The Real Problem with Aspirational Purchases

shopping

What’s the last purchase you made and where did you get the idea from? If you’ve seen something on Instagram or Pinterest and thought they’d be perfect for your future environment-conscious self, you might be an aspirational shopper.

There’s nothing wrong with aspiring for better things, but when it equates to wasting money without changing your practices behind the scenes, it starts to feel like you’re playing a role.

The Minimalist

Minimalism is not a new concept, but these days, it’s become quite the elitist lifestyle. It makes sense to buy better products if you will be using them more often, as is the case when you don’t own a lot. However, if you’re more concerned with the price tag and the brand instead of the quality, you’re not purchasing because you want to be minimalist. You want to show people that you can afford expensive purchases, and minimalism becomes just an excuse. This kind of relationship with luxury brands might even result in marital problems. You might also be tempted to call divorce attorneys in Albuquerque if your spouse is spending too much on minimalism that the rest of the family budget starts to suffer.

The Zero-waste Lifestyle

recycling

Now that more people are growing conscious of the environment, there’s a serious effort that can be put to saving Mother Earth. Families can now work on living a zero-waste lifestyle, which requires some changes in the brands they purchase and how they prepare food. However, aspirational shoppers might not be making any dent in nature conservation because instead of focusing on minimizing waste, they are more interested in the new items they can buy. There’s no need to purchase fancy storage containers and bamboo utensils if you already have things you can use at home. For your lifestyle to indeed generate zero waste, use what you already have and buy only what you need.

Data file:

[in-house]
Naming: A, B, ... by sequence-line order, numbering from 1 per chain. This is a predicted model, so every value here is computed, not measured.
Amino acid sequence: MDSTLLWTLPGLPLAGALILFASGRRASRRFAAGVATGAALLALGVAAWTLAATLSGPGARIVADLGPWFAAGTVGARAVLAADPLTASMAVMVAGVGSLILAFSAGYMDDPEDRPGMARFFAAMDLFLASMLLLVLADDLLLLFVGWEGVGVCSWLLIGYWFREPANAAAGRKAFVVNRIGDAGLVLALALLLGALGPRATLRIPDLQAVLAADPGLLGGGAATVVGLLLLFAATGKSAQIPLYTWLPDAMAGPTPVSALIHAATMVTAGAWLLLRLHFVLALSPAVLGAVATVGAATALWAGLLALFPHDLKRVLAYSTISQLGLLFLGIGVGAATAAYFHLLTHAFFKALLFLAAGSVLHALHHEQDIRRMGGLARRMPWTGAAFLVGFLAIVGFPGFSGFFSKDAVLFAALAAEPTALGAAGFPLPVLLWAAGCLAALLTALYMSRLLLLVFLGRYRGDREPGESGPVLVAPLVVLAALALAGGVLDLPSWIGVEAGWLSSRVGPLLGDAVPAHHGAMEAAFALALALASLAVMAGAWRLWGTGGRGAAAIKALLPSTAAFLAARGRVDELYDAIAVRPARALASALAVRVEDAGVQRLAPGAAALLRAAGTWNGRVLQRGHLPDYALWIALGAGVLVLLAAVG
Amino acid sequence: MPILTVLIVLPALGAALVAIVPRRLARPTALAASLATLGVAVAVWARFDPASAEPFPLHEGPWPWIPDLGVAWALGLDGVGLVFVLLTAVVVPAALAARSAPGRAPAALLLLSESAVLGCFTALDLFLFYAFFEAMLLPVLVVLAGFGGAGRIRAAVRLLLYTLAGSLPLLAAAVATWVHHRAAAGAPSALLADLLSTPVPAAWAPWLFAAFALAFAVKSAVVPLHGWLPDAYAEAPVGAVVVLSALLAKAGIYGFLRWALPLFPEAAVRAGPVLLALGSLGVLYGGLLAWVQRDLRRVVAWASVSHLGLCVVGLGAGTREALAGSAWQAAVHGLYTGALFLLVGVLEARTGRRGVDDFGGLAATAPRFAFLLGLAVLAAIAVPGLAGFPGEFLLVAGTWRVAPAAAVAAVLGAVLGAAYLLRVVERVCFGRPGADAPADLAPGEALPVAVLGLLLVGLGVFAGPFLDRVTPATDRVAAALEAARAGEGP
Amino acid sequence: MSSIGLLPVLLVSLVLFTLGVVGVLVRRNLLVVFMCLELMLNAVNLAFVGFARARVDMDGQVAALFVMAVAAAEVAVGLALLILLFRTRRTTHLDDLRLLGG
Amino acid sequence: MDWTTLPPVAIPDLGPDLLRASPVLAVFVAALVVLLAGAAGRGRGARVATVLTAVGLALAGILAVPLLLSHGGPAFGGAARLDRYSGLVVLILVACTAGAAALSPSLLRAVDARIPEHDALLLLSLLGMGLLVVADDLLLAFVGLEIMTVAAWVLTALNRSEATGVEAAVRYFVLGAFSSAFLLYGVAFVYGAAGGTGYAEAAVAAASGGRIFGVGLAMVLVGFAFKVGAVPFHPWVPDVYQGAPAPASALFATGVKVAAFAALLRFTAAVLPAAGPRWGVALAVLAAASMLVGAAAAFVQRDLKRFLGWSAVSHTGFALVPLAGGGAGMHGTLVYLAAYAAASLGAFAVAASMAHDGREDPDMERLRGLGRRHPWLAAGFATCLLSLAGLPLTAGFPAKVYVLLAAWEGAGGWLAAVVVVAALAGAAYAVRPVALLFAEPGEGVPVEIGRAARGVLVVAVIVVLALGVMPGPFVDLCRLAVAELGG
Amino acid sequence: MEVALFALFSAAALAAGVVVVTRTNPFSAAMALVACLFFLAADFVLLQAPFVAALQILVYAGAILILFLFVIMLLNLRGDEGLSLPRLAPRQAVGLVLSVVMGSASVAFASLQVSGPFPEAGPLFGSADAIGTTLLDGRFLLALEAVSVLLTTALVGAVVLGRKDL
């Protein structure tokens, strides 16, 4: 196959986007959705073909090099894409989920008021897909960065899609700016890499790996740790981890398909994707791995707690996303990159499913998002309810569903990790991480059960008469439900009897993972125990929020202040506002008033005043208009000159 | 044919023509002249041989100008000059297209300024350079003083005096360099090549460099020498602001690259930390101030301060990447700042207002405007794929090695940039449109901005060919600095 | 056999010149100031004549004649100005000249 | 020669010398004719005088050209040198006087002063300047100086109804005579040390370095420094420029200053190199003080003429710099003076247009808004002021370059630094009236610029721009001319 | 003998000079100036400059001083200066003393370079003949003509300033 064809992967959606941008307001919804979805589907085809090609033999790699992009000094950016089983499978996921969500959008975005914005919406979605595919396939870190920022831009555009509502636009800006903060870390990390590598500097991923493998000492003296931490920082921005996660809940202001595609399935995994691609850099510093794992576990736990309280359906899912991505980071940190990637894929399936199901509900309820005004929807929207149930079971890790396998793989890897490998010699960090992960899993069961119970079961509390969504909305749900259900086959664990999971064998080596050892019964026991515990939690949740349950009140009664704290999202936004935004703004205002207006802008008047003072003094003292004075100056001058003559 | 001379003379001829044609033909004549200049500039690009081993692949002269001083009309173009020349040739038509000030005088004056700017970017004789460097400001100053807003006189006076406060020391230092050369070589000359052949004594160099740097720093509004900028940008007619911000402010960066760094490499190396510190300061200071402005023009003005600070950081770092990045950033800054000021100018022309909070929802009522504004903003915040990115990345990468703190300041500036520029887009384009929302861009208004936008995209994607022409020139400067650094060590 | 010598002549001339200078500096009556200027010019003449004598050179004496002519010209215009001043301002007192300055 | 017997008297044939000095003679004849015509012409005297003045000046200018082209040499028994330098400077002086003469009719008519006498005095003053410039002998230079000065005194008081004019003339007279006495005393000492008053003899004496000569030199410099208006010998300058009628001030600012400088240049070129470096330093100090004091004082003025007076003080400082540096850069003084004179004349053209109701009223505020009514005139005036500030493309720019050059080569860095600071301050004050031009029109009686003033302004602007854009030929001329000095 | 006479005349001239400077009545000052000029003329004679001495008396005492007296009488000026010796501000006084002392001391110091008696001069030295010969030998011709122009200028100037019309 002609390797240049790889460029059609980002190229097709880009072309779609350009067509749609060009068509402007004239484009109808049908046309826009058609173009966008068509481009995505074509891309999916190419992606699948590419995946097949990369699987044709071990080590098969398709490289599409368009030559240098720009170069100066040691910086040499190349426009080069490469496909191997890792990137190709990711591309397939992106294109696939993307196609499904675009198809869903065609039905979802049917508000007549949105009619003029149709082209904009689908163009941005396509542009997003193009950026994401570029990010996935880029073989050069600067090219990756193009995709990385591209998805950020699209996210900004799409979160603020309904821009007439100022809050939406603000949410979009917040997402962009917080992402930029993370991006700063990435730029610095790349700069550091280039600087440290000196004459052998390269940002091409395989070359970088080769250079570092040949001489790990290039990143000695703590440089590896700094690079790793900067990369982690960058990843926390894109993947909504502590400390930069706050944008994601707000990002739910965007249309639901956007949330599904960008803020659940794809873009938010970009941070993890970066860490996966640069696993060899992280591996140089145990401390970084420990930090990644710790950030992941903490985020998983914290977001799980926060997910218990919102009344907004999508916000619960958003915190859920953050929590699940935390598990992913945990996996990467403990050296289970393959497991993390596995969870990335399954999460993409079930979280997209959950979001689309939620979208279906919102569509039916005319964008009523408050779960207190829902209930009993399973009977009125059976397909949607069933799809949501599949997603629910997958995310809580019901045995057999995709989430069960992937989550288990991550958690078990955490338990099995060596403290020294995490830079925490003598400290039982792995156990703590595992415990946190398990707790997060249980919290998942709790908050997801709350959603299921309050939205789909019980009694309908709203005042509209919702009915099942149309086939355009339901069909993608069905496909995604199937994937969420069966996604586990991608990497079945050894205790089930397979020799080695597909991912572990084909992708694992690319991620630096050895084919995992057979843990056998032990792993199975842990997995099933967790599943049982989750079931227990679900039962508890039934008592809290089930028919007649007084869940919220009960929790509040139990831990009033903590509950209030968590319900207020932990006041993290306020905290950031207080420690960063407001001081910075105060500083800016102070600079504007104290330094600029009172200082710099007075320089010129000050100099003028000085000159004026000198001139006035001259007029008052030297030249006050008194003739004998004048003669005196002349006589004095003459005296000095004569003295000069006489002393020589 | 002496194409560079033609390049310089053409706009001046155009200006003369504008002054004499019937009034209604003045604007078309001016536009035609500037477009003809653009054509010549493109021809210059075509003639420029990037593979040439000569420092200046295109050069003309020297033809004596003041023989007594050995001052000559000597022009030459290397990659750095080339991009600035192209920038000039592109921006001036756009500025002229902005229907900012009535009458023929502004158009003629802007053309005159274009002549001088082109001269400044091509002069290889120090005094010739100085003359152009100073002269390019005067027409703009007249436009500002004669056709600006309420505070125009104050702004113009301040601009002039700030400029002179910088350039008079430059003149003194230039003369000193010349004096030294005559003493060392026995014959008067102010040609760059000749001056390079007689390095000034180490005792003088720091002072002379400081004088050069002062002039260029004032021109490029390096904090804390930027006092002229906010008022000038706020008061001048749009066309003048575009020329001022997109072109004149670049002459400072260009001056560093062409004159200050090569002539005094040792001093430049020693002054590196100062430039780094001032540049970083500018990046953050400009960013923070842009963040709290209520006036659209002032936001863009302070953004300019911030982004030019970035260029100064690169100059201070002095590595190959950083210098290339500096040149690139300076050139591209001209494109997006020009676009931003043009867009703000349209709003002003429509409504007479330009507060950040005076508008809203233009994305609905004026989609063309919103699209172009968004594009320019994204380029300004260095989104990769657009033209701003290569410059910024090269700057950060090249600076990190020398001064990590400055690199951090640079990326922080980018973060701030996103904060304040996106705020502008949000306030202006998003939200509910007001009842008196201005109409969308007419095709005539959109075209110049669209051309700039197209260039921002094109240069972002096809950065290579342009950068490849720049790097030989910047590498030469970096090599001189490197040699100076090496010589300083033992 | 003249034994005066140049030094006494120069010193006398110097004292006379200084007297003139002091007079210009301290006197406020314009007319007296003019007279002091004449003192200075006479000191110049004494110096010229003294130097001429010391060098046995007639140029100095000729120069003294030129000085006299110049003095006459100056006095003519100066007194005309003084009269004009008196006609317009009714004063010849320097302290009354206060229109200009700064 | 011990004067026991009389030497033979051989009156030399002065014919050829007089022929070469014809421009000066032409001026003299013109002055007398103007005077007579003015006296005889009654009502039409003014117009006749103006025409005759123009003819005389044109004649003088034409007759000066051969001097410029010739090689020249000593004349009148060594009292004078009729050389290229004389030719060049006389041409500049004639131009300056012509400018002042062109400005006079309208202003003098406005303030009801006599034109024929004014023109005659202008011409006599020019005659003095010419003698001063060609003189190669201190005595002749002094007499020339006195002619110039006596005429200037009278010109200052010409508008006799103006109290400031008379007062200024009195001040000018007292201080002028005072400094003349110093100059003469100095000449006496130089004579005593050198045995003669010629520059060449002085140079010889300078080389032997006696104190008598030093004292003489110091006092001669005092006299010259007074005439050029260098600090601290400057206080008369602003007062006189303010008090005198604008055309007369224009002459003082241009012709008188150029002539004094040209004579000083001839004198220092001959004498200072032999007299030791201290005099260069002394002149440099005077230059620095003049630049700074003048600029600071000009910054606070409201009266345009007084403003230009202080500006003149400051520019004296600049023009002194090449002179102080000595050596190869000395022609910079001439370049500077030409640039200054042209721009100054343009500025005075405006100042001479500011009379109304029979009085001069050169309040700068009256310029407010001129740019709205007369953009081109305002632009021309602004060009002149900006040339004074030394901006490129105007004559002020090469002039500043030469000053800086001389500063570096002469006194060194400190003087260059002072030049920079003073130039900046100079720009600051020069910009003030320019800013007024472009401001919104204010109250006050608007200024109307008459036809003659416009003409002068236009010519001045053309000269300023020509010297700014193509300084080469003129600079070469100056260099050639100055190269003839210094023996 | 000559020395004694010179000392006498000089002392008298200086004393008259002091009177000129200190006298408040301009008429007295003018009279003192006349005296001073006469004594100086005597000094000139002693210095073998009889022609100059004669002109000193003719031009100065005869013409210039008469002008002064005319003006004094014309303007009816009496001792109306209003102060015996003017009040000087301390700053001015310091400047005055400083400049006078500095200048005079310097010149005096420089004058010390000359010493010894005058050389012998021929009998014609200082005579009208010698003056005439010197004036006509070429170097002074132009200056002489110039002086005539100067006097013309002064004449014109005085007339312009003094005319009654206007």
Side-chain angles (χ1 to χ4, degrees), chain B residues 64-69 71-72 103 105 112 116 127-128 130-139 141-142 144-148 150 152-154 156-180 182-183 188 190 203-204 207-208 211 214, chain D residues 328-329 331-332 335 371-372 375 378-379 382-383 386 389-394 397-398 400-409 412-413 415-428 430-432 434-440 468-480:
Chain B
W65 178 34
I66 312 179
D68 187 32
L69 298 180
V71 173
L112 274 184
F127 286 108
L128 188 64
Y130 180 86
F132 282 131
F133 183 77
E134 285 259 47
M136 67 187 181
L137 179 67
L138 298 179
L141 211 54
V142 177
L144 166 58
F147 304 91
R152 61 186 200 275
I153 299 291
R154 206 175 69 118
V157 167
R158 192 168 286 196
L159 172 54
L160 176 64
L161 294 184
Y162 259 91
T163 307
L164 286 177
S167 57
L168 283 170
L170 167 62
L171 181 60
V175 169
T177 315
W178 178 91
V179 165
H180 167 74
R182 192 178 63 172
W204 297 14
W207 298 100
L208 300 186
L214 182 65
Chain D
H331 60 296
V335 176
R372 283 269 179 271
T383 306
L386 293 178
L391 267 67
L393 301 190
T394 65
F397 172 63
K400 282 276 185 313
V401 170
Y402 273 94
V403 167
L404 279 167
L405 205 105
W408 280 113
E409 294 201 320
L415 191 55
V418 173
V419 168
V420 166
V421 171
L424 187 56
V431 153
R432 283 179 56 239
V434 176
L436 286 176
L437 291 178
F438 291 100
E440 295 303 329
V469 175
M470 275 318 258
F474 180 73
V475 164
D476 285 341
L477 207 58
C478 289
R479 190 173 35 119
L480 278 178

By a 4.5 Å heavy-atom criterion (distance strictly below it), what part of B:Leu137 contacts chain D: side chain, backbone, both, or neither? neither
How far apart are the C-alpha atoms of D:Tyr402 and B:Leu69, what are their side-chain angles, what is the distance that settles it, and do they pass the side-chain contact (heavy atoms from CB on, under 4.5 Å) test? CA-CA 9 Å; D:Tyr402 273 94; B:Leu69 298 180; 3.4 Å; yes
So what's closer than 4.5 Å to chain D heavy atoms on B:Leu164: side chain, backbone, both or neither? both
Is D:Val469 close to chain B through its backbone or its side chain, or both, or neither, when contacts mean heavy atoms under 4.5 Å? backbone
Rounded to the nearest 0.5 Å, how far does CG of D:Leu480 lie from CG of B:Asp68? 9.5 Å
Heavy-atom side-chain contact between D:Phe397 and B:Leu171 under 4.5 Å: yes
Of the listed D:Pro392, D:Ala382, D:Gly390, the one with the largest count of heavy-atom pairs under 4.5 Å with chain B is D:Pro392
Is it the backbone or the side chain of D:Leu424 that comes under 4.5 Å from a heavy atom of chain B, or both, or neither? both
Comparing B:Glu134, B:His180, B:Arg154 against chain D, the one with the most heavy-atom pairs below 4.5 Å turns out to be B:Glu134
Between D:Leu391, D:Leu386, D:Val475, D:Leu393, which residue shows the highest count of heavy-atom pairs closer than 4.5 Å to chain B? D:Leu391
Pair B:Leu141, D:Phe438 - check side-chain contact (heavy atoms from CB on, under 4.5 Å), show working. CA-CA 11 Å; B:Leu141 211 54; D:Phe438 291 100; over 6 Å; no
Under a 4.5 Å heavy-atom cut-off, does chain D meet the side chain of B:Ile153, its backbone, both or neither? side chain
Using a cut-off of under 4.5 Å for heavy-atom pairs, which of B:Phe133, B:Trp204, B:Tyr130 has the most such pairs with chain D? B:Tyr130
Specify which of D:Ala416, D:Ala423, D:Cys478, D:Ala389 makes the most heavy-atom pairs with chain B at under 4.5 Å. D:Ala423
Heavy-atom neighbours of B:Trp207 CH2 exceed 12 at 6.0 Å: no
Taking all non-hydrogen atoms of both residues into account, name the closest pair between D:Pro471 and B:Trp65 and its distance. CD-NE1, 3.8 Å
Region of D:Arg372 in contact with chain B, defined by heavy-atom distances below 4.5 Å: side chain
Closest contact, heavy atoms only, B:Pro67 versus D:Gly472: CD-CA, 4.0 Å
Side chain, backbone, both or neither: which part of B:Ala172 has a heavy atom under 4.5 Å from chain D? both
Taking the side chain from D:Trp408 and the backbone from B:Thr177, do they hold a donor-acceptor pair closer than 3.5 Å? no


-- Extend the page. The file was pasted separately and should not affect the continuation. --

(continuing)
The Eco-conscious Buyer

These days, even water bottles have become a status symbol. They show that you care for your wellbeing enough to carry a bottle around. But why do these water bottles have to cost an arm and a leg? Realistically, no one drinks the same coffee for 12 hours, which makes it pointless that canisters promise to keep your drink warm for that long. While it eliminates the need for styrofoam cups and plastic bottles, the cost-per-use of these canisters is too high.

Another item that aspirational shoppers love is eco-conscious clothing. Granted, some brands truly work on reducing the gas emissions of their business processes, but many are prone to greenwashing, and shoppers fall for it hook, line, and sinker. The truth is that you feel good buying from a brand that claims to be recycling their fabrics even if they can’t back this claim.

In the end, brands don’t just know how to answer customer demand; they also know how to market products to create demand. So don’t just follow the eco-conscious trend. Commit to addressing the pressing issues you’ve been presented.